Court order bars Molefe from Eskom properties and working for the power utility

Former Eskom group chief executive Brian Molefe will have to explain his resignation/early retirement/unpaid leave to the Labour Court. (Oupa Nkosi)

Former Eskom group chief executive Brian Molefe will have to explain his resignation/early retirement/unpaid leave to the Labour Court. (Oupa Nkosi)

The high court in Pretoria has ordered Brian Molefe not to visit any Eskom properties for work purposes. The order was made by agreement between the Democratic Alliance, the Economic Freedom Fighters (EFF), Eskom and Molefe on Tuesday.

Molefe was sacked by the Eskom board and Public Enterprises Minister Lynne Brown last week following public outrage and an inter-ministerial investigation into his return as Eskom group chief executive.

He then filed an application at the Labour Court for his dismissal to be set aside on the basis that it was “unlawful”.

The DA and the EFF filed court applications for Molefe’s reappointment to Eskom to be set aside soon after he returned to the power utility. The DA has sought to interdict Molefe from employment at Eskom.

The two parties asked the high court on Tuesday to postpone their case, pending a decision from the Labour Court. They also asked that Molefe not be allowed to work at Eskom in the meantime, and the court conceded.

“Mr Molefe undertakes that he will not attend at the Eskom head office, or at any of the Eskom sites, for purposes of performing his employment duties,” the order said.

The high court also ordered Eskom to not hire Molefe for any work.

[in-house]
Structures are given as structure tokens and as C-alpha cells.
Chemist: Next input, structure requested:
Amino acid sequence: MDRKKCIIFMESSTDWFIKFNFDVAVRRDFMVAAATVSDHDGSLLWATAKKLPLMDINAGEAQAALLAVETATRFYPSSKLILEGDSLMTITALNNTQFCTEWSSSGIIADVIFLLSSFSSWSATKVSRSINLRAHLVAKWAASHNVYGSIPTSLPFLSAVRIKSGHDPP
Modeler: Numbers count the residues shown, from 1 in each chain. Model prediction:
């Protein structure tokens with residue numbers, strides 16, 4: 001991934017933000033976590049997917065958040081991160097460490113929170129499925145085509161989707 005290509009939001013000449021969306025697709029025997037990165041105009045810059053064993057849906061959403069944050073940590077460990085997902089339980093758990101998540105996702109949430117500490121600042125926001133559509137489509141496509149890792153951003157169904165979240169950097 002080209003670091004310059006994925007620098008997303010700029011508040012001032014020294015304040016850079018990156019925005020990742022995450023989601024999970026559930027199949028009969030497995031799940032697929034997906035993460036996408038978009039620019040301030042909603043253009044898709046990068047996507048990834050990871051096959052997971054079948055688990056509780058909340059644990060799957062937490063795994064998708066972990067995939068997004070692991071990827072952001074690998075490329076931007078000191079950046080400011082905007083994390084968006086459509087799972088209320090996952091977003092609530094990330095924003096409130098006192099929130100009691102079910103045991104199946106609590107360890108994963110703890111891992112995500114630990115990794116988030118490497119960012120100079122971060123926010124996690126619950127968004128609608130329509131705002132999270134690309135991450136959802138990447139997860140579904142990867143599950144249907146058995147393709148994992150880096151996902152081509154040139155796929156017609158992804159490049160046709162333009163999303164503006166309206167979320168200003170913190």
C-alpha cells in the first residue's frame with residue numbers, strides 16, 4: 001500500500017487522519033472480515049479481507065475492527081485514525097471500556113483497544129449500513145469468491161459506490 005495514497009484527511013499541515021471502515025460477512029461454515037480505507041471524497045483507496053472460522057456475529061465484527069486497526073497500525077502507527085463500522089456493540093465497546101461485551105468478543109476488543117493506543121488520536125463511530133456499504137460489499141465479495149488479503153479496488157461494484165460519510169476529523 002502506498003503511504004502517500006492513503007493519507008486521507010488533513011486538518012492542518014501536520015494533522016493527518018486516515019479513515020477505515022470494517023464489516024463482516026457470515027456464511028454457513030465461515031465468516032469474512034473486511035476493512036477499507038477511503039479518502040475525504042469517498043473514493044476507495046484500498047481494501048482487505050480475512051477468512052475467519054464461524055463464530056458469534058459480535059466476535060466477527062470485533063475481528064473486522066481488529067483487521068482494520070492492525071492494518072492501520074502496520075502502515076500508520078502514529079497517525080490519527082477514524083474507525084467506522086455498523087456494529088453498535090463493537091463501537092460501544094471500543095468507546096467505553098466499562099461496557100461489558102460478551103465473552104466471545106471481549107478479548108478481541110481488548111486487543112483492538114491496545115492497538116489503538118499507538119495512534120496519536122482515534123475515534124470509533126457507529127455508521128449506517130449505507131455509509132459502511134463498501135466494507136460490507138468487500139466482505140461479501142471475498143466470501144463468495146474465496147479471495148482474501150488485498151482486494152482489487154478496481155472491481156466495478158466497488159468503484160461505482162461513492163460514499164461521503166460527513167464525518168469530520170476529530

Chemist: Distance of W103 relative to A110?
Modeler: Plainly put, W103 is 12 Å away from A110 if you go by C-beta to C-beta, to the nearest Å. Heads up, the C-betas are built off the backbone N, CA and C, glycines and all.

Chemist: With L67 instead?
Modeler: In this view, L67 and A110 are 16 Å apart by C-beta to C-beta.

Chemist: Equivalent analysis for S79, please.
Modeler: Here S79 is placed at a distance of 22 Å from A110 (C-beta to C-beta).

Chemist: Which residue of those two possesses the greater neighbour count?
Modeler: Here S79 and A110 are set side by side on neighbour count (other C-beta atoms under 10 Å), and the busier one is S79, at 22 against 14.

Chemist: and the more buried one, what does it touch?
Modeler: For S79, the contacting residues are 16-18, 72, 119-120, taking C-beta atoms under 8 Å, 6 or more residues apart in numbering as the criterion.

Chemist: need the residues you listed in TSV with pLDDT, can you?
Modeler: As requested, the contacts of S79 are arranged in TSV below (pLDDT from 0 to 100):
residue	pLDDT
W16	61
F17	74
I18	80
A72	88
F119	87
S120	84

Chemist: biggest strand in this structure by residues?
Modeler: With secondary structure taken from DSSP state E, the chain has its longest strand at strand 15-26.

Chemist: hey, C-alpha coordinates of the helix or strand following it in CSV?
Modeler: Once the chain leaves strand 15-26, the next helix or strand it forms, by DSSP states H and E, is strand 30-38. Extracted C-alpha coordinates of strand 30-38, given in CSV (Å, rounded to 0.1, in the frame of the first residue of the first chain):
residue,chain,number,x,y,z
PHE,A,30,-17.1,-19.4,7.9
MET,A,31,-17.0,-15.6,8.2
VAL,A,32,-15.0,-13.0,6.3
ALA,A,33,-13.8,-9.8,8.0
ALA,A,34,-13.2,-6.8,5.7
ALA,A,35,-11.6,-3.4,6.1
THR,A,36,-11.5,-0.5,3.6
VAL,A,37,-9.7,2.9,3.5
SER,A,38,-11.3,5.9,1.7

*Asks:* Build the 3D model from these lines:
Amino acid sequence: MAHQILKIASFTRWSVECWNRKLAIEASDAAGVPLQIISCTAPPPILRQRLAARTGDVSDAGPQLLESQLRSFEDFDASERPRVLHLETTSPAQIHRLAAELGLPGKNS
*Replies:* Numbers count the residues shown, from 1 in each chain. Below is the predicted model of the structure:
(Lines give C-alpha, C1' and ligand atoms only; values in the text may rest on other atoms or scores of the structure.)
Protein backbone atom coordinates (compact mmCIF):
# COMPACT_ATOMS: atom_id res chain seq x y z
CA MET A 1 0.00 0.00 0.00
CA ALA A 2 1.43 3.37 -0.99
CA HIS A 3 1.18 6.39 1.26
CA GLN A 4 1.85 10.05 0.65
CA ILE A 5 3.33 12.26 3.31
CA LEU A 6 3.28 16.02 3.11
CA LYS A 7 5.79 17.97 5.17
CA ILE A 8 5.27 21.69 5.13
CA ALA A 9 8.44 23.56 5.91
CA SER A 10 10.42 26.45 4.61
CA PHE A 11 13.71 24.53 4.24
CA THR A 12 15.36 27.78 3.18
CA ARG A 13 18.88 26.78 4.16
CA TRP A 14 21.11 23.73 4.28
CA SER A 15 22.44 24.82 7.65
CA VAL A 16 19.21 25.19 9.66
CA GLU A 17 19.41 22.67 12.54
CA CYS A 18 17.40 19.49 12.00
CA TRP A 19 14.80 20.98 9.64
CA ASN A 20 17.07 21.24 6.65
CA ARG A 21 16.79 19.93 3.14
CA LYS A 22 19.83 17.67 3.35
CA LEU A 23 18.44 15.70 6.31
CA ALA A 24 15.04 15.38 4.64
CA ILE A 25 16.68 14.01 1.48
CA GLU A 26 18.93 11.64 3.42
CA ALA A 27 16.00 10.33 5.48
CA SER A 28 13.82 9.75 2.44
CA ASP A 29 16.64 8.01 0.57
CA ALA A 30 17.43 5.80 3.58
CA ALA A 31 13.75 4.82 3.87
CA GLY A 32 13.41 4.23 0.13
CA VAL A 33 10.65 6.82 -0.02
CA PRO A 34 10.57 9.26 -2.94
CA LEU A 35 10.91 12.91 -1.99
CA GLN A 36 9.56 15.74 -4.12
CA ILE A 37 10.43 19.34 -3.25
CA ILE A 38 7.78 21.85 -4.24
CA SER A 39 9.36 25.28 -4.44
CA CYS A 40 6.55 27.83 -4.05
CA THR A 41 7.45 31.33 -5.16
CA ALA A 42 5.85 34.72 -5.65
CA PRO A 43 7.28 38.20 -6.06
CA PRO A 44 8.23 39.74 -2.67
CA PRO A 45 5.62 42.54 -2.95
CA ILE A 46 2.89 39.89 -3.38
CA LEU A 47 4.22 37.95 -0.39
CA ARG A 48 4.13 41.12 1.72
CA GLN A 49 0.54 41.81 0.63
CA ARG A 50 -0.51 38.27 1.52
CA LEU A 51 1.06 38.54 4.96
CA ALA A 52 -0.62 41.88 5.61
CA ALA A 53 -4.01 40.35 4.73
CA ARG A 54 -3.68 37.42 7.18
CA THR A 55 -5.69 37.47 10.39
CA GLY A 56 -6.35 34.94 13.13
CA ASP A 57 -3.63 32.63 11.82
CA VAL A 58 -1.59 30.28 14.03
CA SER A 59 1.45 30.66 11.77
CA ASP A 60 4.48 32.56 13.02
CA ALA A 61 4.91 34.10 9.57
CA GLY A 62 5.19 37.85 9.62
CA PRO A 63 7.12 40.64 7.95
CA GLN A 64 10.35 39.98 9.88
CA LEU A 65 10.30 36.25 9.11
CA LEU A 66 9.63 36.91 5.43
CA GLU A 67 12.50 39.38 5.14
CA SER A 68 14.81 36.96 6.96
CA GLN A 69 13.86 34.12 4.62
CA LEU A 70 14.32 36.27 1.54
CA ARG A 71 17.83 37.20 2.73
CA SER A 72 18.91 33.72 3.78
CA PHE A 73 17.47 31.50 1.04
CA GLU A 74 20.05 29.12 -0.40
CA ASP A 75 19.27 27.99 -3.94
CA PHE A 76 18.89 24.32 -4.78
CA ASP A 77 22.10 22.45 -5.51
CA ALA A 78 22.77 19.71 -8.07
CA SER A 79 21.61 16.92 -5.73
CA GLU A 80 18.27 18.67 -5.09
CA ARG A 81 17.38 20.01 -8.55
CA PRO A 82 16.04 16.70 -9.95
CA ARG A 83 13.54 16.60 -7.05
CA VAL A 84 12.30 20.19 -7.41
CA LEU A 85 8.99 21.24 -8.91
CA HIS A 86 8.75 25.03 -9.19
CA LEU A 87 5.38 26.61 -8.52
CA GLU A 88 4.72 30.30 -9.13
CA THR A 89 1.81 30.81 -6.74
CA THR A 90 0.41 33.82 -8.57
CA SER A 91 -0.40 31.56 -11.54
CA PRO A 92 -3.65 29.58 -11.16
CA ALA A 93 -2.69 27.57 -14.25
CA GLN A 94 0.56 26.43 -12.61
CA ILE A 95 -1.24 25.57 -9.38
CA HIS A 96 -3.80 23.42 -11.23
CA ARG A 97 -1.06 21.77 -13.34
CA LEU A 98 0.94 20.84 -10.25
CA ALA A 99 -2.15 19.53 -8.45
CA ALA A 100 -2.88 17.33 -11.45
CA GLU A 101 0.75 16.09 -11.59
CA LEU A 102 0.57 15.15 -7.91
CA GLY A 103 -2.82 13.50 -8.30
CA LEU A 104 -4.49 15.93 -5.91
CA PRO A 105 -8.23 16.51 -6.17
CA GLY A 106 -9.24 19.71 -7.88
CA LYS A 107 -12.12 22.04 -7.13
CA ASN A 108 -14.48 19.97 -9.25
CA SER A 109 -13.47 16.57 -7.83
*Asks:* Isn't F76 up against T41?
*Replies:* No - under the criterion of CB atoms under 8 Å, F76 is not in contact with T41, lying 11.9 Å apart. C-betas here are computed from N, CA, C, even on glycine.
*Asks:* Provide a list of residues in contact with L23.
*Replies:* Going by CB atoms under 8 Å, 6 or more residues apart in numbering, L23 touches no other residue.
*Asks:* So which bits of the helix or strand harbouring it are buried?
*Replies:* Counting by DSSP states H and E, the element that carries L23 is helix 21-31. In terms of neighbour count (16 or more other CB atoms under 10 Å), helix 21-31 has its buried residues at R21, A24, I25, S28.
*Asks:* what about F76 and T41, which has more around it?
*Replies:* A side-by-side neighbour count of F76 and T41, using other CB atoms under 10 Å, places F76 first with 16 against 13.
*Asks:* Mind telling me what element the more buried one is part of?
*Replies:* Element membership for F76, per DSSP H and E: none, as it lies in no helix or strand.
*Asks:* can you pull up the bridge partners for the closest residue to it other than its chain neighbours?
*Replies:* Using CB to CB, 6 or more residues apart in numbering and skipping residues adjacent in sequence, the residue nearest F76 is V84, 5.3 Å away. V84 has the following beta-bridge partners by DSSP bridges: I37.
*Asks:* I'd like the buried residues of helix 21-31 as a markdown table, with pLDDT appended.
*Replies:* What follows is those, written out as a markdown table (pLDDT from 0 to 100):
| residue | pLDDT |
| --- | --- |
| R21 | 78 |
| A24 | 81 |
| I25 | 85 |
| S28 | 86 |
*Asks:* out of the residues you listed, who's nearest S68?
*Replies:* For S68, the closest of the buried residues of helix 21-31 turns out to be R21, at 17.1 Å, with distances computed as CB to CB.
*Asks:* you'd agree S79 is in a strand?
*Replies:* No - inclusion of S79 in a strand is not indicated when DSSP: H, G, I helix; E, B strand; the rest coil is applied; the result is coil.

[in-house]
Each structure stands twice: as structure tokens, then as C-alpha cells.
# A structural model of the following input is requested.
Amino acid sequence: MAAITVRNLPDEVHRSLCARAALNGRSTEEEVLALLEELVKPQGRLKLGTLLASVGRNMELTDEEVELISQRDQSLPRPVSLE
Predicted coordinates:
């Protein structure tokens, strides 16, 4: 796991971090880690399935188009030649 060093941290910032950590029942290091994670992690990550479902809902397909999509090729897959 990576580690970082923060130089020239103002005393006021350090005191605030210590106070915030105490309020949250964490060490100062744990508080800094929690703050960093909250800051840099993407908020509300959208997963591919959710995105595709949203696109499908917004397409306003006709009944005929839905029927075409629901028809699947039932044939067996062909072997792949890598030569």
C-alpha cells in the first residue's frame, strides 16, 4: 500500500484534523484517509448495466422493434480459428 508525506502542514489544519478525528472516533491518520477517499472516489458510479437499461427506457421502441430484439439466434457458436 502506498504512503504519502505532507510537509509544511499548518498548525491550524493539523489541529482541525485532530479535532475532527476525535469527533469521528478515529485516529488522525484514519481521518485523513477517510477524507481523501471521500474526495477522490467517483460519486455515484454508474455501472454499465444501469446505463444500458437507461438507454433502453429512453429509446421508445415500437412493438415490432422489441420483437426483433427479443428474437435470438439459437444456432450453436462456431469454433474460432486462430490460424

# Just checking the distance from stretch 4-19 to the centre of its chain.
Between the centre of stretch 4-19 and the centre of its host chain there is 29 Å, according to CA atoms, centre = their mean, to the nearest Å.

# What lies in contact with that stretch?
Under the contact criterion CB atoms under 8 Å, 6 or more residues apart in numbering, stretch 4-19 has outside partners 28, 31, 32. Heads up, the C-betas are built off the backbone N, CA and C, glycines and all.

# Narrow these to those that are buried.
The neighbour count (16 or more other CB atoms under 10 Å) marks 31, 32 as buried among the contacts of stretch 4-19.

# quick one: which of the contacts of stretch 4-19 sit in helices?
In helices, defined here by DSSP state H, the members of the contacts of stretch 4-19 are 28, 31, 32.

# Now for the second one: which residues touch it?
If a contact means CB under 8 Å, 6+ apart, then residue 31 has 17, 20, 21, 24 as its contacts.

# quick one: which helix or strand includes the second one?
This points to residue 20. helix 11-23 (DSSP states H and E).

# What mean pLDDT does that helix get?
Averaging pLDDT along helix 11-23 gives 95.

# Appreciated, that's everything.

The DA will intervene in the Labour Court matter now that the high court order has been made, said James Selfe, the DA’s federal executive chairperson.

“We are not sure when the proceedings at Labour Court will begin but are preparing papers to apply to intervene, as we are clearly an interested party,” he said.

Molefe came under fire after he attempted to explain his resignation from Eskom at the end of 2016 as early retirement for which he was owed R30-million in benefits, and then as unpaid leave after it emerged that he was too young for early retirement as per Eskom’s rules.

Molefe left Eskom when he turned 50, but employees can only receive early retirement benefits from 55. He resigned in 2016 following the release of the public protector’s State of Capture report, which resulted in his credibility being increasingly scrutinised .

The report alleged that Eskom had close ties with the Gupta family, who have been accused of capturing the Cabinet and state-owned enterprises. Molefe has denied these allegations, calling them “observations” in recent papers he filed to the Labour Court, yet he left Eskom to clear his name.

He was reinstated at Eskom in May after a resolution was taken by the Eskom board to allow him to return and resume his original employment contract. 

Brown has said she had no knowledge of the pension payout. She instructed the Eskom board to sack Molefe after an inter-ministerial committee tasked her to do so once it concluded its investigation into Molefe’s reappointment.

Molefe has accused Brown of firing him for political reasons. He will resume his case at the Labour Court to fight against his dismissal.

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